“The Magruwen?”

  “Aye,” answered Poppy, sadness sweeping over her face. “He made a world he couldn’t even touch. Have you ever thought of that?”

  Puzzled, Magpie shook her head.

  “Wouldn’t you think . . . creatures of fire . . . wouldn’t you think they’d make a different sort of world? One that wasn’t so . . . fragile?”

  Magpie saw what Poppy was getting at. For fire elementals, spinning through the eternal blackness of the beginning, to come together and make this delicate place, these fern fronds, these woods . . . it was a beautiful dream, but not a sensible one. They could wear skins to keep from setting fire to their creations, but it wouldn’t be the same. Magpie’s grandfather had said it was like holding hands while wearing gloves. The air elementals could at least dance through the treetops in their true forms and caress the birds they carried in their arms, but the Djinn never could, not without burning everything to cinders. The textures of things, which they’d rendered with such artistry, must always have been a mystery to their own touch.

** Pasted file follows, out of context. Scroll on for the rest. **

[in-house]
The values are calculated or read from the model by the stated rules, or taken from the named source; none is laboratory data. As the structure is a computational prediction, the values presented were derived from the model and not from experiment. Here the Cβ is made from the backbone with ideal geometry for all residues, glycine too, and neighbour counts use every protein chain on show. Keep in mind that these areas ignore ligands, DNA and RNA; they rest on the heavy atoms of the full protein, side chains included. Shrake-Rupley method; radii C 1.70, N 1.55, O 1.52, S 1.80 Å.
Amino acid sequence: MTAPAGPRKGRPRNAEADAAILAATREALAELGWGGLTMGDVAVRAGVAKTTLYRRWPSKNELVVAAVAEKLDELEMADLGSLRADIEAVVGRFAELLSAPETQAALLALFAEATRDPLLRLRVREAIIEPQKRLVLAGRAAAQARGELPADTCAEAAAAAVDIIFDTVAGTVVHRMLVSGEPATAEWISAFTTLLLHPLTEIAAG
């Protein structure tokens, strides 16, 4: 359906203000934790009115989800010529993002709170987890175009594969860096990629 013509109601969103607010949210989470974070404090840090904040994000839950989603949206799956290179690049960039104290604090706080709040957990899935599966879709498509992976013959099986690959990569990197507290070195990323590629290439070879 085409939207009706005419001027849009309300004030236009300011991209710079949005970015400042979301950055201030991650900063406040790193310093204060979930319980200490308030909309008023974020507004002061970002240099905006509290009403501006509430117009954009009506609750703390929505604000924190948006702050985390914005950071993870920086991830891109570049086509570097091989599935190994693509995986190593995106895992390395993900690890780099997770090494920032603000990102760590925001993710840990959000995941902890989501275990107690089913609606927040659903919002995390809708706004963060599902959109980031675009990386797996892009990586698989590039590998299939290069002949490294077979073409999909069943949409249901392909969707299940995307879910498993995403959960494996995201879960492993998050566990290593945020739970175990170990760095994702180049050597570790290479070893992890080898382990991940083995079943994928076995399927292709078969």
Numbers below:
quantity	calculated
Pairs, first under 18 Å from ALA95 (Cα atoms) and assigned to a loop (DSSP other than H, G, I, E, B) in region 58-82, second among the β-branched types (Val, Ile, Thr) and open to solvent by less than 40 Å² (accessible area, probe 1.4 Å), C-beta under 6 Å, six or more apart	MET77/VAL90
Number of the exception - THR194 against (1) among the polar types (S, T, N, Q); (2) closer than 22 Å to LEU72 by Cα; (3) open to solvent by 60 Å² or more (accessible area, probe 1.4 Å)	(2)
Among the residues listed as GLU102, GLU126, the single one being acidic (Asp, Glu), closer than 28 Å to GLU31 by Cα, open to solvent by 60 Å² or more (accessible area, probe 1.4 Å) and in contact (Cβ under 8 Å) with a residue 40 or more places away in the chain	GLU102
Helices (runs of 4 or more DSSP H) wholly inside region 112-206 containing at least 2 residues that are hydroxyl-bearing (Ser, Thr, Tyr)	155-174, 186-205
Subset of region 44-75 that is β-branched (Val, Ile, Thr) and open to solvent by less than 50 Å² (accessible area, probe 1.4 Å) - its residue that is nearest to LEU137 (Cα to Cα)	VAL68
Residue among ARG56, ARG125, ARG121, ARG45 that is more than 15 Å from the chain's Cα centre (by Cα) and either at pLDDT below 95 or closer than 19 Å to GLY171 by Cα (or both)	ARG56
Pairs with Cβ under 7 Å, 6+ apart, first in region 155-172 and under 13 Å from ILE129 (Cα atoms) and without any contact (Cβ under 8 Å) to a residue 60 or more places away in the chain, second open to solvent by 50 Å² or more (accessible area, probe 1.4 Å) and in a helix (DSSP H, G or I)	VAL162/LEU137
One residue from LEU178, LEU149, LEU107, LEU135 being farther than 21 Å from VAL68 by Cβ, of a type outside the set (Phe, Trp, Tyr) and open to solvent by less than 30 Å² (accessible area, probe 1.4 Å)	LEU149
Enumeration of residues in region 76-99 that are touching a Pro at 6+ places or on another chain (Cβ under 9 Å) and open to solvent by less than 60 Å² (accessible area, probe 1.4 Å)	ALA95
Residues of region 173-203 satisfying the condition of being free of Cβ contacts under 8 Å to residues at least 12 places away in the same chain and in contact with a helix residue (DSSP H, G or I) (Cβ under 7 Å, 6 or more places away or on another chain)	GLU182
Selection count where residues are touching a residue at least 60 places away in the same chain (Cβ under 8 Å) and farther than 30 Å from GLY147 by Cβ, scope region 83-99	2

“Maybe they didn’t make it for themselves,” Magpie murmured. “Maybe they made it for . . . us.”